Bewildering, witty, freewheeling-yet-meticulous jazz-meets-rock-meets-contemporary classical (and they all somehow get on and have a pleasant evening together). Strong shades of Canterbury Scene (and even Zeuhl in places?) but ultimately Elmquist and co appear to be very much doing their own thing with scant regard for how anyone else may contextualise it. I'd say that's a pretty laudable endeavour.
Despite more than a casual tip of the hat to the likes of Gentle Giant, Yes, Phish etc., Fifth Species are undoubtedly doing their own thing. What's more, they're doing it well. Catchy, wonky, engaging and fun. A most impressive debut album.
Pure concentrated slabs of greasy, nutritious wonk. Prescott seem to exist in their own pocket universe devoid of musical genre or context, and they're all the better for that. Keith Moliné's twangy surf-like guitar is a lovely addition, building nicely on the sound established on their debut album. My favourite album of 2017.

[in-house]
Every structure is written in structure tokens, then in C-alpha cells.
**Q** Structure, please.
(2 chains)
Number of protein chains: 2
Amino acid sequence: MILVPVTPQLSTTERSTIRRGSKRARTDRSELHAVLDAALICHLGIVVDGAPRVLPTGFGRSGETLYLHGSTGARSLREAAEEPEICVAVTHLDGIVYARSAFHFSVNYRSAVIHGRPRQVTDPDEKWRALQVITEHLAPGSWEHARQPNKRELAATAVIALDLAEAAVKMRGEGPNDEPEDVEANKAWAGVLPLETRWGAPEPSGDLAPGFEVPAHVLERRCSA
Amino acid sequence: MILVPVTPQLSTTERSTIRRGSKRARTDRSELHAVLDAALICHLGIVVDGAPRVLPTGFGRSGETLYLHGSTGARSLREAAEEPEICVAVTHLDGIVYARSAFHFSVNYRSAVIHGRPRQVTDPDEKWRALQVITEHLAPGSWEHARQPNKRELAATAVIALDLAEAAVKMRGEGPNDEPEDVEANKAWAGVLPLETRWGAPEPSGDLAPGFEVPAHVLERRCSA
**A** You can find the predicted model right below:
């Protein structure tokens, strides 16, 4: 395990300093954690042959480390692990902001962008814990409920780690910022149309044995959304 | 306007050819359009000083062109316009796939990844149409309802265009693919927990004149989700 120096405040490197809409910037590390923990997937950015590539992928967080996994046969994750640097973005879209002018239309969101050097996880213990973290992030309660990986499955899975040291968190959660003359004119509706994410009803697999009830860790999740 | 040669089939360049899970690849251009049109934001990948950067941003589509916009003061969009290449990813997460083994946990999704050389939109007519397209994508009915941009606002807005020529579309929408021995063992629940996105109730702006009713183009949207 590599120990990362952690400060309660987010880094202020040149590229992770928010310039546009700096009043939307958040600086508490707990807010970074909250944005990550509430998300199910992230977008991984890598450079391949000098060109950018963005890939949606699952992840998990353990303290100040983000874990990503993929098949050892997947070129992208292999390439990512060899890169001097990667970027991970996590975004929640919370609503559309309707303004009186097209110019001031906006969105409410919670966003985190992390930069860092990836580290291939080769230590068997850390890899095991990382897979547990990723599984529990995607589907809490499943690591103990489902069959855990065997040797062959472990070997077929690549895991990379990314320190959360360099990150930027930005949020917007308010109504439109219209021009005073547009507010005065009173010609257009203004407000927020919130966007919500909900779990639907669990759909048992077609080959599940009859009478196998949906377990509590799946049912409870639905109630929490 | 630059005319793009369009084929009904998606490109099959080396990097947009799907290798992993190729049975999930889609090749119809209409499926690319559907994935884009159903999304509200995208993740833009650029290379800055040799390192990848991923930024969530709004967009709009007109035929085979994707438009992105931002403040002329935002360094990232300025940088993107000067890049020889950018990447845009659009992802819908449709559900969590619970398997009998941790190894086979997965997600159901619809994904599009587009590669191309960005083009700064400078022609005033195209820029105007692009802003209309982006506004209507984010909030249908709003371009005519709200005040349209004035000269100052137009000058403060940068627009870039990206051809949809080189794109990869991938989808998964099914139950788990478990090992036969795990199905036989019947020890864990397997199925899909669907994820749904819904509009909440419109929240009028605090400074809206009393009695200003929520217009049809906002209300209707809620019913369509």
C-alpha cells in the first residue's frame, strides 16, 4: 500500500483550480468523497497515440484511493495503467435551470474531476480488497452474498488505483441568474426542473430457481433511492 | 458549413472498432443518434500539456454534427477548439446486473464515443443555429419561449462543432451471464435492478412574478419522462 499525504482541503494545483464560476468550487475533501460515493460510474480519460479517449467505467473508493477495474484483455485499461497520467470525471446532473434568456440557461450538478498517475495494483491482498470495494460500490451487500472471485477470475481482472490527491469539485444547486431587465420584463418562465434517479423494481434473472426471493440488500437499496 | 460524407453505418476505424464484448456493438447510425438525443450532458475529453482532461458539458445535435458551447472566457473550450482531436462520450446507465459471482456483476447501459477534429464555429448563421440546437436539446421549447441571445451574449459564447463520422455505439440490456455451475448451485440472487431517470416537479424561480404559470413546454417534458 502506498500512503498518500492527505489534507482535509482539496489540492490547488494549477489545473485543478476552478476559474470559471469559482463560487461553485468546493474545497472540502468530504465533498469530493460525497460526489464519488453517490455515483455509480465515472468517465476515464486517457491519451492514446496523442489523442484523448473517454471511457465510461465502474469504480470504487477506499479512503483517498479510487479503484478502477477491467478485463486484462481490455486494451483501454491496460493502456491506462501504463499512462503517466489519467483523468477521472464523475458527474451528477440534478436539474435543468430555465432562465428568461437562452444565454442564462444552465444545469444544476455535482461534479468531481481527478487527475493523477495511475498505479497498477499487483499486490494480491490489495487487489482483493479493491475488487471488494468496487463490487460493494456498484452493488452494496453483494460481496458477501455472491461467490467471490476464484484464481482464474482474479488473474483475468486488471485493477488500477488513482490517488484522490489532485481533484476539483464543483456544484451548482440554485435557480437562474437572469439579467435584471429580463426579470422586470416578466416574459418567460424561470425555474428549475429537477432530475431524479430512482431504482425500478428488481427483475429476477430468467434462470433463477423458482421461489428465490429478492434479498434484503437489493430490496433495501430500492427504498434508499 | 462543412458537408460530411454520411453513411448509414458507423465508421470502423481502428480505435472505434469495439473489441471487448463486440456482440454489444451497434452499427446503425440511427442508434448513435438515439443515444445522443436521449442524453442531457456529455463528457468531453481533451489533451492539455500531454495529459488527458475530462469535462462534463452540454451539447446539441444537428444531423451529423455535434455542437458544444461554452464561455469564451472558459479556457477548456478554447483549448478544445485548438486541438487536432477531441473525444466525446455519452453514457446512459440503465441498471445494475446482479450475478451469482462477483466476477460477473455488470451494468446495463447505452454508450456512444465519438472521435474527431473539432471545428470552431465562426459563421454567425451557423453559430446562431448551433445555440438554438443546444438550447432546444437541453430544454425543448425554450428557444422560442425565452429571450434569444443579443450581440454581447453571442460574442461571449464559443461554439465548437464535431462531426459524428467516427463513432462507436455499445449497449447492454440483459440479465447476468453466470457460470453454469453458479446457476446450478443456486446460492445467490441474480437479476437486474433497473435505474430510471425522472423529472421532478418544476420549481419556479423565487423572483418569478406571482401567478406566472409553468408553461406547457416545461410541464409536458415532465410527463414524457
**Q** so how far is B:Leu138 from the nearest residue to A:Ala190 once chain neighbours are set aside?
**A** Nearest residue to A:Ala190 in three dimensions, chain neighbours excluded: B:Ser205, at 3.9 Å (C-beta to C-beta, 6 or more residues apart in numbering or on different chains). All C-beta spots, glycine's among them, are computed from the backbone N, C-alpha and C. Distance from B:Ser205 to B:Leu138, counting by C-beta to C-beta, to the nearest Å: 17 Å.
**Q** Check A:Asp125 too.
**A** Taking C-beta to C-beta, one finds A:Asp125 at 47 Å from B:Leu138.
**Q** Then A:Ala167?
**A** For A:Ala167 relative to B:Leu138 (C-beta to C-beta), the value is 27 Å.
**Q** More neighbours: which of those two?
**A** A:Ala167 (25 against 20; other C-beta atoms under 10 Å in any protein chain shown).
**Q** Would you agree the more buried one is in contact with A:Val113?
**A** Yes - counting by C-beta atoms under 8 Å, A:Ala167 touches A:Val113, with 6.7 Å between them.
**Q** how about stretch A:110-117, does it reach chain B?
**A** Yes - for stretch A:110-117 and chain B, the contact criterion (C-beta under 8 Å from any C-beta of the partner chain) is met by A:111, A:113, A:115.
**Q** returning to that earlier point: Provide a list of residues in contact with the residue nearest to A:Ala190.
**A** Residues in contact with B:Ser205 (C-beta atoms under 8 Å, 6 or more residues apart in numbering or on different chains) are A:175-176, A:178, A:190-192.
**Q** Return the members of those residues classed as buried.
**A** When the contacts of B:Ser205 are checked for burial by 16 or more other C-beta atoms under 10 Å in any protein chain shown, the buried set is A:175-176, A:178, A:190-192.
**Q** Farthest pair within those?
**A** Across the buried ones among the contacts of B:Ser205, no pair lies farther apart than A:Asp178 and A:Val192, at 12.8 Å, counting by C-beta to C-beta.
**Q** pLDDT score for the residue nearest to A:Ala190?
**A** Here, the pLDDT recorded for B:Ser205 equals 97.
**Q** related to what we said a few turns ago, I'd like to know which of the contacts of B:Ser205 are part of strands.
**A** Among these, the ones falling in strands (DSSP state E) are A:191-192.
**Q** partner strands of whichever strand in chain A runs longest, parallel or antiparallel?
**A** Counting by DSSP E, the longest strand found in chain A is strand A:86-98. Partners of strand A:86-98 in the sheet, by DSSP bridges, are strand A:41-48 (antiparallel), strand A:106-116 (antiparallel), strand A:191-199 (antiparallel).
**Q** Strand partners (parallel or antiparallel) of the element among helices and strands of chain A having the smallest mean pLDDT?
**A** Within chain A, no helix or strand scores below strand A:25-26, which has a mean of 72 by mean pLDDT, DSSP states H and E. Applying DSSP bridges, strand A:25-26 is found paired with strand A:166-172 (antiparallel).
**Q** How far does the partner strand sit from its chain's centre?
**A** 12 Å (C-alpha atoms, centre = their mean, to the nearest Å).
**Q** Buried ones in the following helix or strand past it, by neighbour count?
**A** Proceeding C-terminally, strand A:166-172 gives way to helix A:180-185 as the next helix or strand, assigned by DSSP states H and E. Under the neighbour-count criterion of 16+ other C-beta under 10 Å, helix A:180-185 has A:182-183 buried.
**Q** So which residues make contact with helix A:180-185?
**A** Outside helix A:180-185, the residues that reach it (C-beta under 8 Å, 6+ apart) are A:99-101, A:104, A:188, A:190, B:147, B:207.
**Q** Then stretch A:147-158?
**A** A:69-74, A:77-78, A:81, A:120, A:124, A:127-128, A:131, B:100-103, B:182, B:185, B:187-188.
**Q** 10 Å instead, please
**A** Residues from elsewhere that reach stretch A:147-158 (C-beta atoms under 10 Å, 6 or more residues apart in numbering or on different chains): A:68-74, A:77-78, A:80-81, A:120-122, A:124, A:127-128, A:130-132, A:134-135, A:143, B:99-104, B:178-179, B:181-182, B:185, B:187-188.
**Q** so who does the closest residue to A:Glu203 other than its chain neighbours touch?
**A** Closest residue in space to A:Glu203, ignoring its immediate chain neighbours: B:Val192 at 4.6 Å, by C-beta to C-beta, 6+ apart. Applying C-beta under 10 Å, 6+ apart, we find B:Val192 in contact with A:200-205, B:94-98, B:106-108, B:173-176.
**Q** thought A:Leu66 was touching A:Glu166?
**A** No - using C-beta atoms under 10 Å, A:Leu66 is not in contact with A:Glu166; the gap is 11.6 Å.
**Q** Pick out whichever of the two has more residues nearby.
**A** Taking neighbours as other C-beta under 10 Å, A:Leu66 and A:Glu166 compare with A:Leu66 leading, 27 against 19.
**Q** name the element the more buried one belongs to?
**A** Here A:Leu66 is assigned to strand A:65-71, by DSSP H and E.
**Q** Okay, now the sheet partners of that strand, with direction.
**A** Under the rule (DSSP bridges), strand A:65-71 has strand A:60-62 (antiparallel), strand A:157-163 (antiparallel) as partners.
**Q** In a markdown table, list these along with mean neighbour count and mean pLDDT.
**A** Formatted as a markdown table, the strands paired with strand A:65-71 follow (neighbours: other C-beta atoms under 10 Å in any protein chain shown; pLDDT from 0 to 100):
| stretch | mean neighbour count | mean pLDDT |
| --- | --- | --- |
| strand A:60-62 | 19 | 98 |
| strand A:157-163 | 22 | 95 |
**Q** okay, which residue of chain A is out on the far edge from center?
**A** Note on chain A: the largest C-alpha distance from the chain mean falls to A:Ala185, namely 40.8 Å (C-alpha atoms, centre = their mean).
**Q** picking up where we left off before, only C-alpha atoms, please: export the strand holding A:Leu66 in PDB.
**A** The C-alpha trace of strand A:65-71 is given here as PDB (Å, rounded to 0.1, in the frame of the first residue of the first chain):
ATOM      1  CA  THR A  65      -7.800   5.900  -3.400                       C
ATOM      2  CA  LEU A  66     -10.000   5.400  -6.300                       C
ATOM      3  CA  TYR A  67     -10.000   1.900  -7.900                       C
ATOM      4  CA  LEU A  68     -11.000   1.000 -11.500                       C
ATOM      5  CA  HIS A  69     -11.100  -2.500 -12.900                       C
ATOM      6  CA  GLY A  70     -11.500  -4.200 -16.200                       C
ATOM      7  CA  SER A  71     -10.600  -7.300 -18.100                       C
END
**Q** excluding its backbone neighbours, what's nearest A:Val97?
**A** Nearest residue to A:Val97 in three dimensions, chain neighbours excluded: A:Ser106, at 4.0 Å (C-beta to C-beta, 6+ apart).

So the Hurdy-Gurdy is the obvious draw here, but even with more conventional instrumentation this would be a strong album, full of solid instrumental prog/fusion that pulls influences from a variety of genres with tight, engaging arrangements. The unique sound of the Hurdy-Gurdy is what elevates it to something special, though.
Dripping with influences from prog bands of yore (and not just the obvious ones), yet still fresh, fun and uniquely Dan Britton. Out of everything he's put out, both under this moniker and as Deluge Grander, this remains for me the pinnacle. Packed with melody, complexity and charming eccentricity.